Eric Ford: And also, even if you could find some technology to overcome the variables of doing great adaptive optics, you still have the issue the atmosphere has a lot of water, carbon dioxide. And so it would be very difficult to get the sort of life signatures that you'd be looking for and disambiguate with the Earth's atmosphere.
David Grinspoon: Wow, you stumped us.
Sara Seager: Well, you didn't stump us. So Juno is going to Jupiter and measure the gravitational moments. Hopefully resolve whether or not Jupiter has a core and what the internal structure of Jupiter is. So that may be helpful for us, but again from exoplanets, we're not going to be getting gravitational moments. It’s not really clear what the connection would be to understanding a population of exoplanets and what their internal structure is, versus just wanting to learn about planets for the sake of understanding fundamentals.
Audience: But if Juno is going to understand the formation and evolution of Jupiter, if you're doing a lot of complex modeling of exoplanets, is that going to improve the models and help when you are doing more theoretical modeling?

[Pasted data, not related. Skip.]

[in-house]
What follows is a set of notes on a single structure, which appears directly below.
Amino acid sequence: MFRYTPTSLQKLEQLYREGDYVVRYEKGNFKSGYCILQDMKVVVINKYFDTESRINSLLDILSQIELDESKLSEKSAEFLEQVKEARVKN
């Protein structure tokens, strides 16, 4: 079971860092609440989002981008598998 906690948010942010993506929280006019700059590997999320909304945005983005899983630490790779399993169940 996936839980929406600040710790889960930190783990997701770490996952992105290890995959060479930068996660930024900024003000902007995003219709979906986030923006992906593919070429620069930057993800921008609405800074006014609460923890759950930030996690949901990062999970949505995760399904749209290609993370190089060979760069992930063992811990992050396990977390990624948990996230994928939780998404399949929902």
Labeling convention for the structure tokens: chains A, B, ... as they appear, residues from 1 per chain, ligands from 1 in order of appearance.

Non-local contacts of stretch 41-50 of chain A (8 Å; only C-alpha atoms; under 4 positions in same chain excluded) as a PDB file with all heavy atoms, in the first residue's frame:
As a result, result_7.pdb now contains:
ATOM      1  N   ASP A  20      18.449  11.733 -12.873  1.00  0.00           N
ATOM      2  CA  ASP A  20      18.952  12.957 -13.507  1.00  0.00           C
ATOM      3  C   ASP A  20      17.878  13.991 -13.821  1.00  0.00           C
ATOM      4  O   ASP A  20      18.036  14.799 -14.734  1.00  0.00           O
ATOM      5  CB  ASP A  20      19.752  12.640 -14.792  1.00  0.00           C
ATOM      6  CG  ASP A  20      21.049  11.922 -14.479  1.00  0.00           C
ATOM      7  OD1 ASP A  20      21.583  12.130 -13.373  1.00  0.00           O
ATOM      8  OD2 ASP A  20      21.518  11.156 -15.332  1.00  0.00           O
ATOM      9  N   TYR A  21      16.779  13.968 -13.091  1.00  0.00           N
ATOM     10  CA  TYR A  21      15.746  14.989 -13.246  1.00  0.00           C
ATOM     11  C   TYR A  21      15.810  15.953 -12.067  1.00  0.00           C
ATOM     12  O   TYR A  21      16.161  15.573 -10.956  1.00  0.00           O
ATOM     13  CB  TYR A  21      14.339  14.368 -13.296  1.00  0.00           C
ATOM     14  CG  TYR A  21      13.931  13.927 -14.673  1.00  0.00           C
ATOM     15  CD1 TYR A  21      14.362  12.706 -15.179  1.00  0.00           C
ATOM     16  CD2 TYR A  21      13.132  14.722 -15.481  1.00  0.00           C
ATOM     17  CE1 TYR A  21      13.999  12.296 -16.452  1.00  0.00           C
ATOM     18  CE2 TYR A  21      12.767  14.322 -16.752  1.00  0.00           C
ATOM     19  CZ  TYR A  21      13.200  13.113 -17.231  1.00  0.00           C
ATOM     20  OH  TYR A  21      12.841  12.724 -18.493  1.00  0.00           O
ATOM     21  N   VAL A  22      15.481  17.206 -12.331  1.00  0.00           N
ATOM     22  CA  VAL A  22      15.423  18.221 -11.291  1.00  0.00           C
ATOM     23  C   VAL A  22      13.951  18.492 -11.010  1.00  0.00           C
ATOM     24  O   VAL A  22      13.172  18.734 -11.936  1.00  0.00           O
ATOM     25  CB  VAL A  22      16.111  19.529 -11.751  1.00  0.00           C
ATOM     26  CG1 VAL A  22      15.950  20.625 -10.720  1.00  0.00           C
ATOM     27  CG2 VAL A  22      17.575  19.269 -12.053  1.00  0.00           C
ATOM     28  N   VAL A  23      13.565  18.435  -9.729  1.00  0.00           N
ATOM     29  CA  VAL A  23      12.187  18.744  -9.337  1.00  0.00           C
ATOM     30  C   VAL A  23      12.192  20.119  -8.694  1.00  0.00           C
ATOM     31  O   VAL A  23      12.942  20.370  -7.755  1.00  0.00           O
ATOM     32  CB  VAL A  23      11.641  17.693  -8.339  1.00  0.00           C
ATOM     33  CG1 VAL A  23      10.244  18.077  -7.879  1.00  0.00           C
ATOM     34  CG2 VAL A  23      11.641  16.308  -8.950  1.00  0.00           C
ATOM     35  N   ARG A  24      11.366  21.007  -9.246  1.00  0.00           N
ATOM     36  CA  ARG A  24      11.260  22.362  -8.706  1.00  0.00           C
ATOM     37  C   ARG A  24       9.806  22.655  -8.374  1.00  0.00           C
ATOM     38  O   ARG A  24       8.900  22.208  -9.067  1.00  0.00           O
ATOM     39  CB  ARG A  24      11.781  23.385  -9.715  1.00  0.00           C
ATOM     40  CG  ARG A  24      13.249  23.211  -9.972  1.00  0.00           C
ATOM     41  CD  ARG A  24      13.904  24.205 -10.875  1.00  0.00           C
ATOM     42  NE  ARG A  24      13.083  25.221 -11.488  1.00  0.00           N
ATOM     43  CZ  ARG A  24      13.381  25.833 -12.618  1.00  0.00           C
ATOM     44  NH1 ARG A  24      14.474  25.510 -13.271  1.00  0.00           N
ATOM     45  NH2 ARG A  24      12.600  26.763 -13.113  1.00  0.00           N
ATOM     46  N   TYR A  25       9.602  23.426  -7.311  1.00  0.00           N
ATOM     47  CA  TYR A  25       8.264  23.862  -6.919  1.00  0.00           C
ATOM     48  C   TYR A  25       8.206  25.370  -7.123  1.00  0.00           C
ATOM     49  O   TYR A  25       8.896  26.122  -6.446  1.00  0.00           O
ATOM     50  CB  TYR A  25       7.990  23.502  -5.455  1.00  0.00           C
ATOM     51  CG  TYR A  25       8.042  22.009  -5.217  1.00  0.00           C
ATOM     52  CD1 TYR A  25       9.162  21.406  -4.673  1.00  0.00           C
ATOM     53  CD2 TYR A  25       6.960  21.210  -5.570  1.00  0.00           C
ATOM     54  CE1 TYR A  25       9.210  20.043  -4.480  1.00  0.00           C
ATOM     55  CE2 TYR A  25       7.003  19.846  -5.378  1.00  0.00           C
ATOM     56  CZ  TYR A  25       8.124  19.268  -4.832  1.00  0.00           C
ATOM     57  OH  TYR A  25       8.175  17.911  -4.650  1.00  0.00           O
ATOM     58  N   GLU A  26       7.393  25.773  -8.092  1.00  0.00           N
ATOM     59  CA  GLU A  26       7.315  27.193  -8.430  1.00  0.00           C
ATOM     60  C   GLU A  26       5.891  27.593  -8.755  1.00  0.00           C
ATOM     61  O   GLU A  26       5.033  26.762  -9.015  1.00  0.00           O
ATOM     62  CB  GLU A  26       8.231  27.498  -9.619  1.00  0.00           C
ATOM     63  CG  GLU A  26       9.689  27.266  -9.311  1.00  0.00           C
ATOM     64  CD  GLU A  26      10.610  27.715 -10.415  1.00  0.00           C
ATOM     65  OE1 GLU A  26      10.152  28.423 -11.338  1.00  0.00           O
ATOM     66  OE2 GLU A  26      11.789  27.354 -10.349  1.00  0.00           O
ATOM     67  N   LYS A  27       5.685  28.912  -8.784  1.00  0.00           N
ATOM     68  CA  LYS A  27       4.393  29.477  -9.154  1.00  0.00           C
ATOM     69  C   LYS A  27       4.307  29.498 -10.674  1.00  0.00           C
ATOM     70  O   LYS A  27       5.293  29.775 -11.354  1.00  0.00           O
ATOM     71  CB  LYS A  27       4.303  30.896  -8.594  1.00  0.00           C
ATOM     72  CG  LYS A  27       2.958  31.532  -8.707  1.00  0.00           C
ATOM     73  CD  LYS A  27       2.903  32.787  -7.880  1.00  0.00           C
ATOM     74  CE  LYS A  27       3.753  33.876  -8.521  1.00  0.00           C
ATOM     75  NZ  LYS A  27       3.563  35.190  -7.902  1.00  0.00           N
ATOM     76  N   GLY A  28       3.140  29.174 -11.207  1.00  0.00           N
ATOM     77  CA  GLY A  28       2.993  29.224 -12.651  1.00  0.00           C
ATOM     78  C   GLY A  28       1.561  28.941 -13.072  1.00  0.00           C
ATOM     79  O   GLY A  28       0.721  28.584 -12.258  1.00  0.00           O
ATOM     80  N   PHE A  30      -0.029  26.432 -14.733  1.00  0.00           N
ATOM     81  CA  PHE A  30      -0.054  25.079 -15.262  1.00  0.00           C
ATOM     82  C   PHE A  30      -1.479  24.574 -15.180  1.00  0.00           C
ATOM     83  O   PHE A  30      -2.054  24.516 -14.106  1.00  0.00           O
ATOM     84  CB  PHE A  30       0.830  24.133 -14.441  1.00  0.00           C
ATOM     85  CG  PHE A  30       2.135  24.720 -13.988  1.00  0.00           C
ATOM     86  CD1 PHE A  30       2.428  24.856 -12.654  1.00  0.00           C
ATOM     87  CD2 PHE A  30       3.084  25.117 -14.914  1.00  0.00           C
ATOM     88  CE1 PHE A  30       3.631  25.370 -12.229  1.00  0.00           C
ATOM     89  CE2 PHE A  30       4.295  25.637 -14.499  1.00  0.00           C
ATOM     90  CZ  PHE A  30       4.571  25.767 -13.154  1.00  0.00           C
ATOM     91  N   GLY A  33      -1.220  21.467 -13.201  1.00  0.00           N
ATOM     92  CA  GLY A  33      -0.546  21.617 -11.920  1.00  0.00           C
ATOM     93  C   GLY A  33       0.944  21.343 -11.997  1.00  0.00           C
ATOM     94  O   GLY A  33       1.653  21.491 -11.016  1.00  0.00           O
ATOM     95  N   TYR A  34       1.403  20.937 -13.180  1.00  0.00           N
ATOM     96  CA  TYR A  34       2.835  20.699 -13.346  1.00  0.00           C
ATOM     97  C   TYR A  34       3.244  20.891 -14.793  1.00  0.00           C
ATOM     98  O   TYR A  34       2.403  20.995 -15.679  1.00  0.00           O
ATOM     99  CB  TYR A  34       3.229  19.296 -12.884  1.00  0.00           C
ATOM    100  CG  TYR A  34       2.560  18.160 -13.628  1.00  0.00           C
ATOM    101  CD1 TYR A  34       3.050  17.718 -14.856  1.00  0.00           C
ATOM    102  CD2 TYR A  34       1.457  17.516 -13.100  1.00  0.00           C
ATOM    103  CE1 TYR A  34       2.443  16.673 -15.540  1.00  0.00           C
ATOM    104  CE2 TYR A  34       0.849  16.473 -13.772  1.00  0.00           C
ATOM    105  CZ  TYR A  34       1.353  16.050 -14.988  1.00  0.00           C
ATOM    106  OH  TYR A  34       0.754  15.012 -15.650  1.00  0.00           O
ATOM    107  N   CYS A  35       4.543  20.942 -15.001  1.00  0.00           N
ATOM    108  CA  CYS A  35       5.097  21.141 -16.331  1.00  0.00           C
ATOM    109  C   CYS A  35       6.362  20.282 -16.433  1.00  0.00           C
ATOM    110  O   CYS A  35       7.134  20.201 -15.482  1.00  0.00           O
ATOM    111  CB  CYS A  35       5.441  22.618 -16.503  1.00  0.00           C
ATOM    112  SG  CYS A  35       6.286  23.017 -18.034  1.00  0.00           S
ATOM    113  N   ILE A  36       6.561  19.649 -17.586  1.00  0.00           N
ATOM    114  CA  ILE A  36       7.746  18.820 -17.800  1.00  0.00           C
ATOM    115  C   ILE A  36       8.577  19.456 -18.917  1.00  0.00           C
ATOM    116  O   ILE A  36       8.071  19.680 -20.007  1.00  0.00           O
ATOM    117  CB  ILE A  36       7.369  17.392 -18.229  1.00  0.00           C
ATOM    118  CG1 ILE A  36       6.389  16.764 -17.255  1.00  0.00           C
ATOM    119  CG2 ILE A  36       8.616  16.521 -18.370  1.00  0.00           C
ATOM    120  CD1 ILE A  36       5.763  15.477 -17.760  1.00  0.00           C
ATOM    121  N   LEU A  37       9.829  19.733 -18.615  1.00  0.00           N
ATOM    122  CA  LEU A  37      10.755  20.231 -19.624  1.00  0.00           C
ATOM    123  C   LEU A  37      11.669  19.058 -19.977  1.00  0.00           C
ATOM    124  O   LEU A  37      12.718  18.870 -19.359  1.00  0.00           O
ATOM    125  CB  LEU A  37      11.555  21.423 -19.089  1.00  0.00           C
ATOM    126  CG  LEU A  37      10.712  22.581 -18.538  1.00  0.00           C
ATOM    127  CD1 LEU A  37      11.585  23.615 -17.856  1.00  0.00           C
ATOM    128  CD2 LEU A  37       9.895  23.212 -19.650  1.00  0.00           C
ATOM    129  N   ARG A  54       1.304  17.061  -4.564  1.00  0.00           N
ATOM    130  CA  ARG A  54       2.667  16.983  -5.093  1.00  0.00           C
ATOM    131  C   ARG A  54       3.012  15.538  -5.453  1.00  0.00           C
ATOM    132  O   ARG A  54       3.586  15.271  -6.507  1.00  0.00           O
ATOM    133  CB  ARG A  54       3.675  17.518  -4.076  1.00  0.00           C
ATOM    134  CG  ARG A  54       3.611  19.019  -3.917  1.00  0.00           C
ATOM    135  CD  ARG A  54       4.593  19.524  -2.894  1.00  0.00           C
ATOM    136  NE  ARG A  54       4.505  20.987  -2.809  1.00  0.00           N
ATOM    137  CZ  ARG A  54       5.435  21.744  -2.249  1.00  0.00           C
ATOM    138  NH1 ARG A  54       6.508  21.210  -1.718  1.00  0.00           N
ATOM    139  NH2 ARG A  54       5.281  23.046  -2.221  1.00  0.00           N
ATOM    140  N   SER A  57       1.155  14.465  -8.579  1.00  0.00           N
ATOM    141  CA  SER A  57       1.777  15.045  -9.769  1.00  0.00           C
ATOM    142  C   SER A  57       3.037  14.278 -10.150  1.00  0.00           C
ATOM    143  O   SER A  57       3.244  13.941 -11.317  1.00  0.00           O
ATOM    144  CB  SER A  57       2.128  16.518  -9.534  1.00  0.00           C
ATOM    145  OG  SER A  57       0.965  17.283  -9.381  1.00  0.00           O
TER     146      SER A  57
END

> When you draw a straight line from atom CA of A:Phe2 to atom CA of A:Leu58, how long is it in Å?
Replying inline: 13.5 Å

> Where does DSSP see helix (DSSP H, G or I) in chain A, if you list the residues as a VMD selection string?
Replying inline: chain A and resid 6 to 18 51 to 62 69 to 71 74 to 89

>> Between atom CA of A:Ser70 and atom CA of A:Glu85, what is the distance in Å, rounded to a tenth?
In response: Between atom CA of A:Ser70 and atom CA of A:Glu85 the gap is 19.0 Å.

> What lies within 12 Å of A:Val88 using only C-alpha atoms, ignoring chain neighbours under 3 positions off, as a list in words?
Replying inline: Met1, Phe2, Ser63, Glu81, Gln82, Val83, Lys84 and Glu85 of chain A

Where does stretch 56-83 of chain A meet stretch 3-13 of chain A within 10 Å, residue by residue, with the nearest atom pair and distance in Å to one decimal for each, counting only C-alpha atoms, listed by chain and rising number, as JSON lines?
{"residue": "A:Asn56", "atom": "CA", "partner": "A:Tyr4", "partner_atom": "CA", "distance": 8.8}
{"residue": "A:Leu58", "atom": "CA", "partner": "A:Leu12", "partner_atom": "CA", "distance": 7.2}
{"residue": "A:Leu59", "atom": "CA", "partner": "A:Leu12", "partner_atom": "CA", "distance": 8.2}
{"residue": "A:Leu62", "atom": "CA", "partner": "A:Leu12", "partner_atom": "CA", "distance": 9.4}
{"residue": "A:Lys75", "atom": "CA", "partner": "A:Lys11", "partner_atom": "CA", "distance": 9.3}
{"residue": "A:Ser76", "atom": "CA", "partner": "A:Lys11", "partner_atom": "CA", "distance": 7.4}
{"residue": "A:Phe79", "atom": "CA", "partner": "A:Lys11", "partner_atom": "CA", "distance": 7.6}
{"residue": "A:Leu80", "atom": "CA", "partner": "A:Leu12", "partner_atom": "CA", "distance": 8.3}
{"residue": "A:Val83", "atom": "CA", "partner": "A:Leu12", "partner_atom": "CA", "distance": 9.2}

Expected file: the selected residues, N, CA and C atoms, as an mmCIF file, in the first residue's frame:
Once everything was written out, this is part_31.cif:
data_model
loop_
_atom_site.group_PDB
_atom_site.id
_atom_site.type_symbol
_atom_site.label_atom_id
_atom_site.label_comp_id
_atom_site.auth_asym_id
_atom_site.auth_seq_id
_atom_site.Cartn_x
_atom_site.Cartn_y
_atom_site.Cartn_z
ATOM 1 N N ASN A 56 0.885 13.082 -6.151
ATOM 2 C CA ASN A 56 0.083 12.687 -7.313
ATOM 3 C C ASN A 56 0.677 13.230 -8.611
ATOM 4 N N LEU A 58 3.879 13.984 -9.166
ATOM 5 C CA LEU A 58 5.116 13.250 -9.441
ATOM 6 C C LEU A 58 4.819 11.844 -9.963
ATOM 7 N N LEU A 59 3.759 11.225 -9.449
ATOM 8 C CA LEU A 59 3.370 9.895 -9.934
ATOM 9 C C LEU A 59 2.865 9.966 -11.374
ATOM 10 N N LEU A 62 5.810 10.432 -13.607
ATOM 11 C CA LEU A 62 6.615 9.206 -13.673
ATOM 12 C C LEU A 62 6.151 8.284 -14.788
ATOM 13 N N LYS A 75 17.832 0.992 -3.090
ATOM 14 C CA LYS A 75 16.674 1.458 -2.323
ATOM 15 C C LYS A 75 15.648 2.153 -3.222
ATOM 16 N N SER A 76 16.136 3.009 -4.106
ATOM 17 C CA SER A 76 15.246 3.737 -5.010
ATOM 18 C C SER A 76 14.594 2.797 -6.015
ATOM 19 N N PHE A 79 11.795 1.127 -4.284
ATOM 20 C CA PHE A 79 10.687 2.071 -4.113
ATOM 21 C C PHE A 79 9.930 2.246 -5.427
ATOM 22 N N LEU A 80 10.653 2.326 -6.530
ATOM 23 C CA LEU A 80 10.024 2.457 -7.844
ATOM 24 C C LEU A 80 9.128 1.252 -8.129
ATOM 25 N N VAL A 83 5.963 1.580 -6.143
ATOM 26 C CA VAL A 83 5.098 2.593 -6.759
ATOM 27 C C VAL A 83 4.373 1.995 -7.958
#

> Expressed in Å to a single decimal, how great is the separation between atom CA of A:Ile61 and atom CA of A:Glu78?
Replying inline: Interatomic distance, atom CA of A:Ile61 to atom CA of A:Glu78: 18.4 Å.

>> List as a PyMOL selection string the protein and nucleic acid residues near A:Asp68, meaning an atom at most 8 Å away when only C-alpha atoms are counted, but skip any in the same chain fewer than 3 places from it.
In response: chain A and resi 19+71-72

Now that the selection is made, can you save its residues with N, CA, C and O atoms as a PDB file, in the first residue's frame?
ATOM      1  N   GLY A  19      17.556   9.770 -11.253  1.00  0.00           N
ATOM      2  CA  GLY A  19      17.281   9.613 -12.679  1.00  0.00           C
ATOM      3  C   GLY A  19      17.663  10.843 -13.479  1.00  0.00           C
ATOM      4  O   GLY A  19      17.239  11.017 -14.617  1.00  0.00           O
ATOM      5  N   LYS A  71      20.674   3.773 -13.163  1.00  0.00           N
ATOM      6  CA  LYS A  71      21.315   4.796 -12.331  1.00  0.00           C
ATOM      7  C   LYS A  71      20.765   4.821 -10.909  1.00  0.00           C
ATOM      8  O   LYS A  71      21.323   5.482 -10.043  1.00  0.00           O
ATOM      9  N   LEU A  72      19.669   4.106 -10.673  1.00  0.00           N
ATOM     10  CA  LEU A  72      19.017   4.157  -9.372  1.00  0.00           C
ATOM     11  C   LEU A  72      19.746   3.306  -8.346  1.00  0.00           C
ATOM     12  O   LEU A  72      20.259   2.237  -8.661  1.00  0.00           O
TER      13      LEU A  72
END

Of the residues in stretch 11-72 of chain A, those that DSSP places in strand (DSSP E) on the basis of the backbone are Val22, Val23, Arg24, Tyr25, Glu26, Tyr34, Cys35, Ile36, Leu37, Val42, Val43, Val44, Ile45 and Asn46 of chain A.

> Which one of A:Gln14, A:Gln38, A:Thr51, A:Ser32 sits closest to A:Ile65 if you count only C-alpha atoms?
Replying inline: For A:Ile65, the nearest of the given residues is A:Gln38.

David Grinspoon: In an indirect way of course. Any understanding of planets, and you know Juno going to help us hopefully understand magnetic fields and how dynamos generate magnetic fields more. And that relates to atmospheric evolution. And so it’s all related. This is Astrobiology; we're all one. But as far as you know, I think, the reason why there was that silence is that it’s in that indirect sense. I don't think that exoplanet people are thinking of that as really a mission that very directly helps them.